How many people watched the second season of Outlander?

It may seem like a simple question, with a (presumably) straightforward answer, but television in 2016 is more complicated than it has ever been, and figuring out exactly how popular or successful a show really is can be a challenge. As we know, the internet abhors a vacuum, so in the absence of definitive information, there has been some wild speculation. The second season was a disaster! The audience grew every single week! The finale was the most popular episode! The audience obviously loves Frank! The audience obviously hates Frank! Diana Gabaldon’s episode saved the show! More people watched the premiere than watched the Apollo 11 landing!

So we’re going to break down the live audience numbers for the entire season, look at the specifics and at the trends, and come to a deeply uncontroversial conclusion: Outlander is doing pretty okay.

First, some definitions:

  • The Live number is the audience who watched Starz when the episode aired.
  • The Live+7 number is the audience who watched as the episode aired, or any time within the next week, including home recordings and reruns.
  • These numbers only include the broadcast and home recording audience; Starz doesn’t release the audience figures for their app, or for streaming services like Amazon.

A note on streaming figures: we do know that the season two premiere had a total, multiplatform audience of around five million people. If a subsequent episode had outperformed the premiere, we would have seen a press release. So while we don’t know the final figure for any particular episode, we can be fairly confident that the Live and Live+7 figures accurately reflect the audience trend, and Outlander peaked at around five million.

We should also be careful when we use the audience figure for any particular episode as an indicator of the quality of that episode. While marketing and expectation obviously play important roles, the audience would not know that a given episode is particularly good — or particularly bad — when sitting down to watch. If anything, the best indicator of an episode’s popularity would be the audience figure for the next episode.

Here, then, are the audience figures for the second season:

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By contrast, here is a graph of the live audience figures for the entire series, beginning with the first season:


As you can see, while the second season average was a little higher than the first — 1.09m vs. 1.04m — several first season episodes outperformed the season two average, and several season two episodes failed to meet the season one average. The second-highest rating is in season one; the second-lowest rating is in season two. Within a decent margin of error, the live numbers are consistent between both seasons. There may be a higher multiplatform average for the second season, given the distribution deal with Amazon, but unless Starz decides to release that information — and rest assured, they know exactly how many people watched each episode, and how many times each person watched; they just don’t release the data — we are left with speculation and anecdotal evidence. In the absence of other information, it seems safe to assume that Outlander actually showed modest, sustainable growth through its second season.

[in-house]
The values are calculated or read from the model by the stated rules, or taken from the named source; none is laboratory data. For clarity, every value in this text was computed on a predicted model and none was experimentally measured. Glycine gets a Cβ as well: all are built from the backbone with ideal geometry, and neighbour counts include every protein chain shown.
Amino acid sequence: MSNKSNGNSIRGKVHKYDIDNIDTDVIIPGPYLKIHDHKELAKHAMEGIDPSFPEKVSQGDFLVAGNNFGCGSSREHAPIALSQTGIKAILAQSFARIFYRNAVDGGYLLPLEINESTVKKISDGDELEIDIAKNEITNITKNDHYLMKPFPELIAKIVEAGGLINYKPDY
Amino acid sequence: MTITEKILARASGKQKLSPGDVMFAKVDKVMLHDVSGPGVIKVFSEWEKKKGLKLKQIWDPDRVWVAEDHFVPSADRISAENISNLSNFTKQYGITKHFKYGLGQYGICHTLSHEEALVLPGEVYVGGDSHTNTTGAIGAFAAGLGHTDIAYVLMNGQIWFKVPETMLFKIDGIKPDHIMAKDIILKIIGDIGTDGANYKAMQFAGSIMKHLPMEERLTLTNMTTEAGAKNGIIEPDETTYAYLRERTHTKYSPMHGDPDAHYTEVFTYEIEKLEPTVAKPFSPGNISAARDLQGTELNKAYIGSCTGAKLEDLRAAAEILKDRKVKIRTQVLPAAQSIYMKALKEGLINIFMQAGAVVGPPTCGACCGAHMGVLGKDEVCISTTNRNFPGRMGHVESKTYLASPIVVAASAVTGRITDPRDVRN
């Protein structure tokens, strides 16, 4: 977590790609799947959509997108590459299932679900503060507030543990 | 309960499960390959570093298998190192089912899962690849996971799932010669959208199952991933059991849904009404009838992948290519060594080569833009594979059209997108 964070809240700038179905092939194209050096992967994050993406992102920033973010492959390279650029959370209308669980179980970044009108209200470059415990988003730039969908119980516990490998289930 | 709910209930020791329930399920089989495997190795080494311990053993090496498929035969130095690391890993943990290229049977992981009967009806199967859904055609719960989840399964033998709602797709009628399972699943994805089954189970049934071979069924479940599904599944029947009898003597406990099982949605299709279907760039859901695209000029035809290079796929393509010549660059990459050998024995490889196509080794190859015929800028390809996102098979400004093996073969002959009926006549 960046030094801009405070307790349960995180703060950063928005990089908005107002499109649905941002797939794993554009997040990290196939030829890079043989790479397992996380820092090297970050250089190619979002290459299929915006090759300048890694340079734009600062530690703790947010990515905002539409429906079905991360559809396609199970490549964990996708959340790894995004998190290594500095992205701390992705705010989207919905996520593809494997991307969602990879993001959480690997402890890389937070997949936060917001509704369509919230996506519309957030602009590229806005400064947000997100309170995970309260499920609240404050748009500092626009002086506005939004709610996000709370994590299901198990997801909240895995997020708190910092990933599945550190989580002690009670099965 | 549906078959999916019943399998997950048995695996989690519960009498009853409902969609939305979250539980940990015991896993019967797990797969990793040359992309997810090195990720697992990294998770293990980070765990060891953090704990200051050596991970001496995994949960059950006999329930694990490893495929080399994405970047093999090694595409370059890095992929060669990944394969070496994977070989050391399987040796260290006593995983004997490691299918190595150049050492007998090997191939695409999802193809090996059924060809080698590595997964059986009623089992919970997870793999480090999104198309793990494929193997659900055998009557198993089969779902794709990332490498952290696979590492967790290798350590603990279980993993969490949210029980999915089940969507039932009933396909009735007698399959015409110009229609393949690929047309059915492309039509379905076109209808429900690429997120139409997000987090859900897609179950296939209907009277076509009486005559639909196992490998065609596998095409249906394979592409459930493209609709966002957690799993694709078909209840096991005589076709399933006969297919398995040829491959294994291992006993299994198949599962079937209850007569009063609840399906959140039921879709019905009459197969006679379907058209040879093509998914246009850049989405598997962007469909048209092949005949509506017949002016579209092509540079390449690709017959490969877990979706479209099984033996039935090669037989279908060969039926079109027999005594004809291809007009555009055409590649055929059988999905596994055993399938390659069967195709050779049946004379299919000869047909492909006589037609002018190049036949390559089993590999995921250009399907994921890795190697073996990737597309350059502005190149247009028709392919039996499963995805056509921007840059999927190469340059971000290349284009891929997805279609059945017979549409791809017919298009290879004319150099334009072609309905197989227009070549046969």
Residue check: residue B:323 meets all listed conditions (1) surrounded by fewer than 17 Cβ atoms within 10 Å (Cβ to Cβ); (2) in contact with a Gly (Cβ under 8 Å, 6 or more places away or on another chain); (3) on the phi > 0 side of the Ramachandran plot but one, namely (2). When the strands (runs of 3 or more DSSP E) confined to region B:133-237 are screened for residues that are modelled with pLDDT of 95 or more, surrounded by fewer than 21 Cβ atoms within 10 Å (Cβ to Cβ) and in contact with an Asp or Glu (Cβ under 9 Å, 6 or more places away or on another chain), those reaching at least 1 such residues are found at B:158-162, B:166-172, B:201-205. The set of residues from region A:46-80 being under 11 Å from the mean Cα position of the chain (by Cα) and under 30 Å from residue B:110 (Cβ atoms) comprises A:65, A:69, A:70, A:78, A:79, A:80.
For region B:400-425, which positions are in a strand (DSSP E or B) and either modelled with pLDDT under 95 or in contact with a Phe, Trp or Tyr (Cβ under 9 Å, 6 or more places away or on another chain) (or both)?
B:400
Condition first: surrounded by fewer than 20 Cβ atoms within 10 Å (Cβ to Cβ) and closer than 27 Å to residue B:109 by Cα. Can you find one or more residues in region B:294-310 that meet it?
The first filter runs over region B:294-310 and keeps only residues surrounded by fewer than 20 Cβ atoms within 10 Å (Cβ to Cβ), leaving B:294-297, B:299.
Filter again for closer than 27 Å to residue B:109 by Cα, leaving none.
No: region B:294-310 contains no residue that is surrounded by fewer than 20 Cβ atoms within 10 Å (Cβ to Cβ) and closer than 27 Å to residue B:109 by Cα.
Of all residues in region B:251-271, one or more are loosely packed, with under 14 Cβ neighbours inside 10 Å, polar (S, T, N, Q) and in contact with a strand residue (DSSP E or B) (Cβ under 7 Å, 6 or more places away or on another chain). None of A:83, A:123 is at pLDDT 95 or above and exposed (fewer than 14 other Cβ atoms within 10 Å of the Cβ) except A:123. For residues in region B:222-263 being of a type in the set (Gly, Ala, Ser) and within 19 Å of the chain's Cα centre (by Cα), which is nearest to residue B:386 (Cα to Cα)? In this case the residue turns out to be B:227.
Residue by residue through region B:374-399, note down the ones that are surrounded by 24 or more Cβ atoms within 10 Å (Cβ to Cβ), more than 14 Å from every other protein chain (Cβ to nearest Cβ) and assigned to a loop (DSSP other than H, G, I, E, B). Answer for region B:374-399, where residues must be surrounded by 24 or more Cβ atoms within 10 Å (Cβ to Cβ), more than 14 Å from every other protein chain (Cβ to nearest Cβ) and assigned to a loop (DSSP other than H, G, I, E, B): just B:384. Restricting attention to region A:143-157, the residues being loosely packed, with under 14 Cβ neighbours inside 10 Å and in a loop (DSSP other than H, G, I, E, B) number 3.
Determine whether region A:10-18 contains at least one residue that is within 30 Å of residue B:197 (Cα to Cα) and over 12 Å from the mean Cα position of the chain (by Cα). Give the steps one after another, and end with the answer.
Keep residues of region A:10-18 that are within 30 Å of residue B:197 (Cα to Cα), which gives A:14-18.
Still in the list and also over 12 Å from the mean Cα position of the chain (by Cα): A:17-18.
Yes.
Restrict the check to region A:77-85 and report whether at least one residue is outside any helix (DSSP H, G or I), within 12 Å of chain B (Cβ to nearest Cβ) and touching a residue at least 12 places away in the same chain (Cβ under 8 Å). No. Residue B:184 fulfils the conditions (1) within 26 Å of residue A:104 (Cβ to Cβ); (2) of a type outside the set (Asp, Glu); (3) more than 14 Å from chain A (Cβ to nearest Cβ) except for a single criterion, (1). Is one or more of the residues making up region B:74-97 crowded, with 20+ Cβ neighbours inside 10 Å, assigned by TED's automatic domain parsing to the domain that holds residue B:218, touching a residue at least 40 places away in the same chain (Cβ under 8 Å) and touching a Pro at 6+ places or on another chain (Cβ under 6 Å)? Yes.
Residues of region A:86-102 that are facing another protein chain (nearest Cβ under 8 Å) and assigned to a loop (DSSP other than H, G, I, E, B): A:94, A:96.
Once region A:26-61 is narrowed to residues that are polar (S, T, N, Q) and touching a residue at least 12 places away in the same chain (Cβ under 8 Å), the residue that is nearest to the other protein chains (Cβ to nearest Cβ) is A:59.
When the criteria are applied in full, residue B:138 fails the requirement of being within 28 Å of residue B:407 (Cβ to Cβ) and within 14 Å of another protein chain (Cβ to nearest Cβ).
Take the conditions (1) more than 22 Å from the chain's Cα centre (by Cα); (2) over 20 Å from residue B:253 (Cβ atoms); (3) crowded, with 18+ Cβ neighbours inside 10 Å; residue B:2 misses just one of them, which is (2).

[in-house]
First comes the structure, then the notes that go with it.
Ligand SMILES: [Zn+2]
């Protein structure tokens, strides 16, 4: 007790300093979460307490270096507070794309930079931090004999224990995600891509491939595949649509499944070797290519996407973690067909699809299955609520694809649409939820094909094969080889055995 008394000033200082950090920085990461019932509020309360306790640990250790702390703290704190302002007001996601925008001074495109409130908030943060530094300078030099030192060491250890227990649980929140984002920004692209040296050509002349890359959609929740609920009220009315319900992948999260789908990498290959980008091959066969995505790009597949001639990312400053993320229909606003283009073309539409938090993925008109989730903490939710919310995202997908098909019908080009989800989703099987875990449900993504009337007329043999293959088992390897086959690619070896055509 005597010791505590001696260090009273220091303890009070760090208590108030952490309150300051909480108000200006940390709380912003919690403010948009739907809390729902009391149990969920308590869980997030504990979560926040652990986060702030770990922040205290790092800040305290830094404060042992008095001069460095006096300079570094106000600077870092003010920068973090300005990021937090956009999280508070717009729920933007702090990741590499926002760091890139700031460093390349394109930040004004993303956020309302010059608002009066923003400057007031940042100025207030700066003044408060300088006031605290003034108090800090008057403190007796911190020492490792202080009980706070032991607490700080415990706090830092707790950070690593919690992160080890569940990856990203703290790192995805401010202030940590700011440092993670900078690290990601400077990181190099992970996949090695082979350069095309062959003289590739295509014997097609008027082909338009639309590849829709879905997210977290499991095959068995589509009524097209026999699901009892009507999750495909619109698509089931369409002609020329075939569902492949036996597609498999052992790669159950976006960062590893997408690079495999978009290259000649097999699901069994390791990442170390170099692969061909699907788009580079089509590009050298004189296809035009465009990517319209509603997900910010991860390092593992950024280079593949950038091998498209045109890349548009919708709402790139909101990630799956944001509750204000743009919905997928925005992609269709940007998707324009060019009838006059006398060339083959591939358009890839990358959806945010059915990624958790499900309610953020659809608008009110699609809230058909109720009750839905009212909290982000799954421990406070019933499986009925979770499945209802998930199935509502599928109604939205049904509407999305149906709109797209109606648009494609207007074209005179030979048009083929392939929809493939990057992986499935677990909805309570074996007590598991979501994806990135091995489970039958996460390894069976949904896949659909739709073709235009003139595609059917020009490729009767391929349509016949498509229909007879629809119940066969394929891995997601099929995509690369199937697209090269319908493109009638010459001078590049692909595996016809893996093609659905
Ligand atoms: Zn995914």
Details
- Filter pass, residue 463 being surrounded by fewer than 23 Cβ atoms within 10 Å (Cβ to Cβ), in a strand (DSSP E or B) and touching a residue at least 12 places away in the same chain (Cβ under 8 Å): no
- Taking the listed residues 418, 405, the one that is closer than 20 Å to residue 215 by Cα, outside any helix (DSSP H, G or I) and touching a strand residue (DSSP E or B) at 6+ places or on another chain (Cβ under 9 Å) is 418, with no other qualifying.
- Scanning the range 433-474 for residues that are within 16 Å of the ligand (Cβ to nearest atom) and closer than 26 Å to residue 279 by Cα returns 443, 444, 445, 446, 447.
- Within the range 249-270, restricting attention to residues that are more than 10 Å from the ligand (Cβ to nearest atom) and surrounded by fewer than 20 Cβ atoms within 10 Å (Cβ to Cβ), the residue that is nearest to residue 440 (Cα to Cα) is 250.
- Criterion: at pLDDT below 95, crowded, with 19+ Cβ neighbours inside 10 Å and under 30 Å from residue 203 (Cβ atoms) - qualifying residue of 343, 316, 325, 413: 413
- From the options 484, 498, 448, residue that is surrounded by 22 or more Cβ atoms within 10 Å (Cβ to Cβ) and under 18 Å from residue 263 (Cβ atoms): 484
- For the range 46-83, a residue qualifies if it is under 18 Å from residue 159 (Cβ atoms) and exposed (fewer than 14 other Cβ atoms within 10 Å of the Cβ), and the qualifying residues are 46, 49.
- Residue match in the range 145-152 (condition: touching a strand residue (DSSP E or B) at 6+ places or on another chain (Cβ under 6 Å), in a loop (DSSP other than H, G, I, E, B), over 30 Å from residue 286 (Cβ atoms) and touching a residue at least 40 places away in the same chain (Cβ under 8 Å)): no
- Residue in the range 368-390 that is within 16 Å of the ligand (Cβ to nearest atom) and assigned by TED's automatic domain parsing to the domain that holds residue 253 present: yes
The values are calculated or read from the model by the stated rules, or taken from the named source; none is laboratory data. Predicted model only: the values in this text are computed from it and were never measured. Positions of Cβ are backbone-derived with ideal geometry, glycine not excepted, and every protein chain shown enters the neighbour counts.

And while that may not be the most outrageous, controversial, click-baity conclusion, it is probably the best for the future of the show. Starz doesn’t release contract information, so we don’t know exactly what the budget for the second season was, nor the budget for third and fourth seasons. We don’t know how many people subscribe to Starz specifically for Outlander. We don’t know how much money the show makes for Starz, or how much was spent on the marketing push behind the season premiere. We can be confident that the second season met expectations, more or less, because of the subsequent pick-up, but beyond that, we don’t have enough information to speculate about the long-term viability of the show — and since we don’t know what was expected, a measurable, sustainable growth is pretty much the best thing that we can hope for.

Finally, just to round out the perception of the second season, here are the IMDb user ratings for each episode. These, of course, do speak more directly to the popularity and quality of each individual episode — at least from the perspective of the users of IMDb.


Our listeners, on the other hand, were a little more thoughtful about the season as a whole.

So, to recap: no, the second season wasn’t a disaster; no, the audience didn’t grow every single week; no, the finale was not the most popular episode; the audience remains understandably divided on Frank; no, Diana Gabaldon’s episode didn’t save the show; and surprisingly, Outlander has a ways to go before it’s more popular than the moon landing.

The Scot and The Sassenach will return with the third season of Outlander in 2017, but if the long gap between seasons is making you pine for the Highlands, join us for our Voyager Book Club, which begins this coming Saturday, September 24th, with chapters one to five!


Data compiled from The Nielsen Company, ShowBuzzDaily and Zap2It